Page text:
by Virgil G. Madriņan

If you want to know what Paete is famous for, just listen closely to what people say when you introduce yourself as from Paete. I bet 99% of the times they will say: "Oh, from the town of sweet lanzones!" or "Oh, from the town of woodcarvings.."

During our last meeting (NE Chapter), somebody made a passing comment about lanzones. I don’t remember why it was mentioned. The person who mentioned it made this observation: Lanzones is very scarce now in Paete. They are either too small or some trees no longer bear fruits. And there is the outside of factor of the non-owner competitors.

Lanzones has never been an object of scientific and commercial endeavor. Our forefathers planted the seeds, grew the trees and that was it. I knew this from experience. I saw my grandfather doing it.

Lanzones is dying because hardly anybody cares about it anymore. Any chance of reviving it should start from a leadership. And where is the leadership going to come from? I guess the most logical place to expect it is from the town itself.

However, it is my feeling that most of our youth today are no longer interested in lanzones or anything that has to do with the soil. I can speak of one person I knew who was not interested in the soil, my father. I heard an anecdote that one day my grandfather asked my Dad why he was not interested in our kaingin and why he had not set foot on them since liberation. Family legend has it that he responded: "Hindi po alok sa akin ang mangaingin." There you go! I just mentioned this because I think it reflects the feeling of many young people today.

I am convinced that leadership will not come from Paetenians abroad. Their problem will be credibility. It is very easy to dismiss them with snide remarks like: If you are really interested in lanzones, why don’t you come back home and plant some?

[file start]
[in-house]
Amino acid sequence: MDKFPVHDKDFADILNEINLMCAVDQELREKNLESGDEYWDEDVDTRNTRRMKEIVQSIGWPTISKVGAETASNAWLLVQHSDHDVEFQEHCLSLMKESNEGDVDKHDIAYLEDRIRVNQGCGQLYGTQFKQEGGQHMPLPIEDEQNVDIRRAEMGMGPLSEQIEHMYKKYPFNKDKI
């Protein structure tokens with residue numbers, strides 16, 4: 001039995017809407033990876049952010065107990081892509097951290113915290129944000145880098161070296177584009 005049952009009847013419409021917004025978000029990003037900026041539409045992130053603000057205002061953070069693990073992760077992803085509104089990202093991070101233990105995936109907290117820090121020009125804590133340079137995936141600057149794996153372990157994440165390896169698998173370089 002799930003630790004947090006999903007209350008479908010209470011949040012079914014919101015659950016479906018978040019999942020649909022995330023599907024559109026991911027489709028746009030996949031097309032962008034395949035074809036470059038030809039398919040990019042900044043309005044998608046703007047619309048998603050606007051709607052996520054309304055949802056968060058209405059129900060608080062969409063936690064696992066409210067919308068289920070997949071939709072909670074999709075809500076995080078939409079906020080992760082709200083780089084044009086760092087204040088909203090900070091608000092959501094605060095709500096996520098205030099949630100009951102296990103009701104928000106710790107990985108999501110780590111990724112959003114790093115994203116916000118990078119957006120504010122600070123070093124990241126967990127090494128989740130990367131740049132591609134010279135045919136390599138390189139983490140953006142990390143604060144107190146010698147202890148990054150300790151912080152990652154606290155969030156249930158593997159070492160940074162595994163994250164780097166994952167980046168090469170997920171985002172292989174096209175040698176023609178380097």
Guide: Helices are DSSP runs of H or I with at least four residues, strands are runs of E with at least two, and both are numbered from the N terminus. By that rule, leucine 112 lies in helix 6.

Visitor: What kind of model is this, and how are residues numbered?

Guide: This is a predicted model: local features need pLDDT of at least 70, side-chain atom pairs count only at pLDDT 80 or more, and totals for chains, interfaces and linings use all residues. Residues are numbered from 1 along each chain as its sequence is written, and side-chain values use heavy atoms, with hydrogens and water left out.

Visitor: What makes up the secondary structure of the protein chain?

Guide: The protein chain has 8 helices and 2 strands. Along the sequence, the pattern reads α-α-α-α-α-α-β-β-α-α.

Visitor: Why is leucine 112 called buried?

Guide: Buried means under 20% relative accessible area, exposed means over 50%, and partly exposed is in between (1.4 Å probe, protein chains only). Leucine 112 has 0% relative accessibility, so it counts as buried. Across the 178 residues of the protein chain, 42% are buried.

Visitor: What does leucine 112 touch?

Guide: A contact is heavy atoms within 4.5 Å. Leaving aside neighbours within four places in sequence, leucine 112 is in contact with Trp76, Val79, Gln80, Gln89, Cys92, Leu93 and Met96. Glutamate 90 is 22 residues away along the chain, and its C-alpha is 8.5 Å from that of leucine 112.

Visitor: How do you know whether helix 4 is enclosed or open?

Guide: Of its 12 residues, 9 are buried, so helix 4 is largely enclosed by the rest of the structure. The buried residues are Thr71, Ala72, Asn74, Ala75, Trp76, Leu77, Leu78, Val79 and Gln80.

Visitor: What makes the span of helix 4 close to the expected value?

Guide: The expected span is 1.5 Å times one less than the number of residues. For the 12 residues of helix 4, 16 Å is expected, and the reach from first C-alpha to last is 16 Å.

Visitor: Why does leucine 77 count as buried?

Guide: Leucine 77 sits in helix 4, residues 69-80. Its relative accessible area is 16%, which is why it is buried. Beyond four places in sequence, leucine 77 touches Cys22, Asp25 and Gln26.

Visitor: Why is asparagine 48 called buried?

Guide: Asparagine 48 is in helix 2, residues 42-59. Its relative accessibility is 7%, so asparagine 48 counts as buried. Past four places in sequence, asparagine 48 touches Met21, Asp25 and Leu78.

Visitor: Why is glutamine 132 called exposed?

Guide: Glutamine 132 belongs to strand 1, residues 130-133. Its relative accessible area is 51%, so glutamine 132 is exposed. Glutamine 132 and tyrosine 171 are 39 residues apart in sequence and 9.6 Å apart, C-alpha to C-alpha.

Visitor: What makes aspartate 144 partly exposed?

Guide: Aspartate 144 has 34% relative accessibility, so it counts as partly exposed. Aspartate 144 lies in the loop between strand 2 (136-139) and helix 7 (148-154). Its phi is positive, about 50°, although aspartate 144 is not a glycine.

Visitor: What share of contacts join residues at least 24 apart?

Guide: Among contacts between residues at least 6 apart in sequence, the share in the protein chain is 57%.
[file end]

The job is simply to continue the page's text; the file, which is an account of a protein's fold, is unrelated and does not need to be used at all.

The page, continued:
Honestly, those of us who are overseas are too busy either tinkering with our cars, or paying our mortgage, or CNN or in front of our keyboards. (I am not ready yet to blame Rey Carolino for all of this). We simply don’t have time to plant a lanzones tree. Don’t feel guilty! It is not our fault. We just have different interests. I doubt if what we feel is genuine interest. Maybe I will call it nostalgia.

Just speaking for myself, I know that the mention of lanzones opens up a floodgate of memories. From a distance all we can do is watch it like the sunset --- on its way down. It will go the same route as the dinosaur or like many other plants that are extinct. This is Darwinian theory of Natural Selection on its march.

I suspect our interest in lanzones is driven more by nostalgia. We all have beautiful memories of that fruit.

Most of our trees are in their menopausal stage, excuse the choice of word and its metaphor. With few exceptions, most of the produce is warped. They are minuscule compared to the lanzones we knew during our youth. Most of our trees are ancestral trees. They were the same trees that gave fruits to our grandparents.

Woodcarving seemingly does not share the same fate. The skill on wood seems to be transferable to other media, like ice and it is thriving. Just ask Ross Navarro.

Any feedback will be appreciated. Those who know me well know that I was used to hearing "Amen" after I said something. This is not the kind of feedback I expect. LOL.

[February, 1999]

[Ver Madriņan is the Editor of the PAETENIANS INTERNATIONAL Newsletter. You can send him e-mail at:]